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Prospects of reintegrating the occupied territories

By Messenger Staff
Tuesday, February 16
The Georgian territories of Abkhazia and the Tskhinvali region are occupied by Russia and have been recognised as “independent states.” Nobody, apart from Russia itself and three states it has bribed economically, recognises these artificial entities or their puppet regimes. However no visible attempts are being made to force The Kremlin to withdraw from these territories and thus reintegrate them with Georgia, to whom they juridically belong.

Under these circumstances Georgia has only a possibility of recovering its territory. Doing so will require very cautious, well-balanced and well-weighed steps, and even if these are taken no one can guarantee that these steps will be correct and yield some positive results.

Immediately after the August Russian aggression the Georgian Parliament adopted a law on the occupied territories. This law forbids anyone from doing business or entering those territories without Georgia’s permission. However this has not prevented Russia economically annexing them and separating them further from the rest of Georgia. Therefore the most important thing for the Georgian state at present is to maintain contact with the population of the occupied territories. This is the main target of the strategic document elaborated by the Ministry of Reintegration under Temur Iakobashvili. This plan was adopted and approved by the Georgian Government at the end of January.

The existing law on the occupied territories was submitted to the international community and the Government says that the West approved it. However nothing much has changed as a result. As for the new strategic plan, Georgia has already received recommendations from the Venice Commission. But although some details of the plan require amendment, not all the Venice Commission's recommendations will be accepted. The Georgian Government will not allow international organisations to work directly with the puppet regimes without going through Georgia for example, because this would be understood as indirect recognition of these regimes by the Georgian State.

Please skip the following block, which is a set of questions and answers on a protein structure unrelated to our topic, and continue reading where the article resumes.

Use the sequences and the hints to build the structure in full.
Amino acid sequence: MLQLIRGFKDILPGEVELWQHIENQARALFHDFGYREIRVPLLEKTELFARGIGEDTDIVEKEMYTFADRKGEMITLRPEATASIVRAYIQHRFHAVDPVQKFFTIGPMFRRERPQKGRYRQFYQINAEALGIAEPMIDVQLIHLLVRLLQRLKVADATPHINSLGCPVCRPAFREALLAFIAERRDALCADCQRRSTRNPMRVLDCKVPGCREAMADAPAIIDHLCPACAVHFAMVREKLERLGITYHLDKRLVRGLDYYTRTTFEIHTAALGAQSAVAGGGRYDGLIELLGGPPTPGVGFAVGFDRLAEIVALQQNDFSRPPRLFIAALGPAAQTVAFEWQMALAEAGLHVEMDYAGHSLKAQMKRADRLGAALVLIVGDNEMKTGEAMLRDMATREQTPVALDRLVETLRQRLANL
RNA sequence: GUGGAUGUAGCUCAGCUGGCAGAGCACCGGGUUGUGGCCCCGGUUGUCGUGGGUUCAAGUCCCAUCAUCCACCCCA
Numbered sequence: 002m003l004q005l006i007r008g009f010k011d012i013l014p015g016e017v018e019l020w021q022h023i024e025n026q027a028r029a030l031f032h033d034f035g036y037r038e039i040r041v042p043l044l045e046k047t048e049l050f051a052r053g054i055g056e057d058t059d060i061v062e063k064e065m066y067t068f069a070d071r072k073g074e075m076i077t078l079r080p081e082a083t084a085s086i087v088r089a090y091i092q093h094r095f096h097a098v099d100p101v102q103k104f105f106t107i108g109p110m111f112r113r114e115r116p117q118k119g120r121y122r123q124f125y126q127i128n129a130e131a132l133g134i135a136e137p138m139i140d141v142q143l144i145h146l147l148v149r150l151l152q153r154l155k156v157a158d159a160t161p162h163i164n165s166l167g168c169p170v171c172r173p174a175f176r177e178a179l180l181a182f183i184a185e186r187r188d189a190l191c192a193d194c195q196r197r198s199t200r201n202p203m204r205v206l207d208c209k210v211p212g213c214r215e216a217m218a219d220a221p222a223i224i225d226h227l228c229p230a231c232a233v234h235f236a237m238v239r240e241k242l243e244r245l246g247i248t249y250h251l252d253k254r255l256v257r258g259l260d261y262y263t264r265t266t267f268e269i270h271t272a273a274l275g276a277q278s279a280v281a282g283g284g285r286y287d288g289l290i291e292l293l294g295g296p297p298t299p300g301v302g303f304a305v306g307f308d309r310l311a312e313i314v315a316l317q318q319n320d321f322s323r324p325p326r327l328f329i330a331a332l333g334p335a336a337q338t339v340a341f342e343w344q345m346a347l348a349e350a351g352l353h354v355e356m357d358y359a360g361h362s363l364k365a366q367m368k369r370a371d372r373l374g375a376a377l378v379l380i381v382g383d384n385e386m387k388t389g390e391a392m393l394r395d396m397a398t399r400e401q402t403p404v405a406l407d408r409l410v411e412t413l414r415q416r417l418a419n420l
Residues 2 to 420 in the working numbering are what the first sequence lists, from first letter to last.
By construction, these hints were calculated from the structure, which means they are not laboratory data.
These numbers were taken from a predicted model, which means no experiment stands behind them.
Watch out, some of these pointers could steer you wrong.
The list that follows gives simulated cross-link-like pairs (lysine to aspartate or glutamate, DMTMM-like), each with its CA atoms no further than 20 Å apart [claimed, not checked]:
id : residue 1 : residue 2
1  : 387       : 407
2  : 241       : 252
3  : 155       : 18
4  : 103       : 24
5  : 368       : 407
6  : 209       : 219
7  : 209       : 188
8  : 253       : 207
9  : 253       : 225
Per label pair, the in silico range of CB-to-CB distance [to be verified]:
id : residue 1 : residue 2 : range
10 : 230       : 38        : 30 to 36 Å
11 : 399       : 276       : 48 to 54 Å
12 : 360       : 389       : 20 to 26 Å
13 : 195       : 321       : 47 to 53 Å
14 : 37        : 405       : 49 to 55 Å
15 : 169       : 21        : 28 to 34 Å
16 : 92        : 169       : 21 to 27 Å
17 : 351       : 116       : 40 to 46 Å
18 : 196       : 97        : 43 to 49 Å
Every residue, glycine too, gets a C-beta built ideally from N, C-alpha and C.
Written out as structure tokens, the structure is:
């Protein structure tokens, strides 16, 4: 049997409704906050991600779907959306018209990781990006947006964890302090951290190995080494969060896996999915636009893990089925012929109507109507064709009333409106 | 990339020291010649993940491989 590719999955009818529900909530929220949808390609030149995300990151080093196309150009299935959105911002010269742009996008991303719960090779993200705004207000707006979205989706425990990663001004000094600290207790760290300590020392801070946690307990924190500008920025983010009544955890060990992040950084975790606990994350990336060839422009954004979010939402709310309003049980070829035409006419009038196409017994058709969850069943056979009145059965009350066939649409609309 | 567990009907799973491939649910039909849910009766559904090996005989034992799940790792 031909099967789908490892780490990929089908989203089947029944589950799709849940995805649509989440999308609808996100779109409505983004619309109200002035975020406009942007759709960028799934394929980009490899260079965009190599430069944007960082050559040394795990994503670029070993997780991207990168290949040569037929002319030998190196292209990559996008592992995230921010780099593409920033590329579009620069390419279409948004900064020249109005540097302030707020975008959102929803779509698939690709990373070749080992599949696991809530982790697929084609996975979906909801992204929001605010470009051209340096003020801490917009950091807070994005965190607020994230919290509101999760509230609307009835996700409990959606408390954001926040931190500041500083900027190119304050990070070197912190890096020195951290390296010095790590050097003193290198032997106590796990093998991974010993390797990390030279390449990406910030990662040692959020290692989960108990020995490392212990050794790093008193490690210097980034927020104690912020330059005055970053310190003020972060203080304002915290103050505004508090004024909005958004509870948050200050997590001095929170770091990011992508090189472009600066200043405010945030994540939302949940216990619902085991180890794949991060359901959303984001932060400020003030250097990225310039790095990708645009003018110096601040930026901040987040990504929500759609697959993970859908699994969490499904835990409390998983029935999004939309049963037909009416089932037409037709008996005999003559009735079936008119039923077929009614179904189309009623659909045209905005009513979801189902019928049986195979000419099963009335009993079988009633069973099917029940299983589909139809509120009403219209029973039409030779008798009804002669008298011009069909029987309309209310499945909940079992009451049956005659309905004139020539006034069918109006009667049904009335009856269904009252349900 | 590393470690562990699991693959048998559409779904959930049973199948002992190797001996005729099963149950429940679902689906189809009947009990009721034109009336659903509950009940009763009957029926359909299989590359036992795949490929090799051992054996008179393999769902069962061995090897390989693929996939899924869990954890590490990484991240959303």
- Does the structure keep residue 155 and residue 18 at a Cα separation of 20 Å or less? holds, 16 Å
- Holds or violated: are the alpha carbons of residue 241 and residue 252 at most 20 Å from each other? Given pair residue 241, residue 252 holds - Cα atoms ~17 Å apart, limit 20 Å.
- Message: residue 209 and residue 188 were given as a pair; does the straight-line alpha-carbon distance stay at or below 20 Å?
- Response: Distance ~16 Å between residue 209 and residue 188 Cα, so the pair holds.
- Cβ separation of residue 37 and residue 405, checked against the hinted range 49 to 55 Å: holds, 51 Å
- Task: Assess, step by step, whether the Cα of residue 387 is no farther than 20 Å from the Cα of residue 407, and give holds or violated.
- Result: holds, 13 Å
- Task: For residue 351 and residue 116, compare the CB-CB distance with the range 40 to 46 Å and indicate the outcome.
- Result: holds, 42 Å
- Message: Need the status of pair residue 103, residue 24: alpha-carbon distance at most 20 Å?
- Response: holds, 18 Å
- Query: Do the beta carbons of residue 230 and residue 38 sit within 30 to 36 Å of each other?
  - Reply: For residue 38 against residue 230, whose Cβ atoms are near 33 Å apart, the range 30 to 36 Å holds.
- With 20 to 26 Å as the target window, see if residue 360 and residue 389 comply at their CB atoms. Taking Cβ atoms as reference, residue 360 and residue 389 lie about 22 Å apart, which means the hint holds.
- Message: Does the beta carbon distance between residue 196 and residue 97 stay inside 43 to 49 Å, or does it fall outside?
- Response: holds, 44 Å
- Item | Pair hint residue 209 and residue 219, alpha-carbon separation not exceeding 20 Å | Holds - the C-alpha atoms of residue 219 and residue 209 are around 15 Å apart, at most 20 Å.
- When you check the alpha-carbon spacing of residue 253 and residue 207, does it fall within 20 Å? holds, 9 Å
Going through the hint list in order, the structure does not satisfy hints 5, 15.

The Georgian leadership is taking some additional steps in this direction as well. During Parliament Chair Davit Bakradze's visit to Turkey he offered that country the opportunity to take part in developing and implementing the strategic plan to resolve the conflicts on Georgian territory. Turkey's position is rather important for Georgia because alongside Russia's political and economic expansion into Abkhazia Turkish businesses have also started operating there. There are also around half a million people of Abkhaz origin living in Turkey, some of whom are considering returning to Abkhazia. Therefore Georgia has to take into account Turkey’s interests in the region.

There are different views of how Russia and Turkey will further their interests in Abkhazia. Some suggest that these two countries could cooperate but others exclude this possibility. Most probably the Georgian leadership will ask Turkey to oppose Russia’s attempts to integrate these territories into the Russian Federation. The idea that more engagement with Turkey will lead to more regulation of the Georgian-Abkhaz conflict is being promoted by opposition leader Irakli Alasania, formerly President Saakashvili’s Special Envoy in Conflict Resolution. So we repeat that very cautious steps should be taken in this direction.

To sum up, we should admit that there should be no illusion that anything will be resolved in the near future. However as long as the Russian occupation is seen as part of a problem, rather than the solution of a problem, Georgia will retain a glimmer of hope.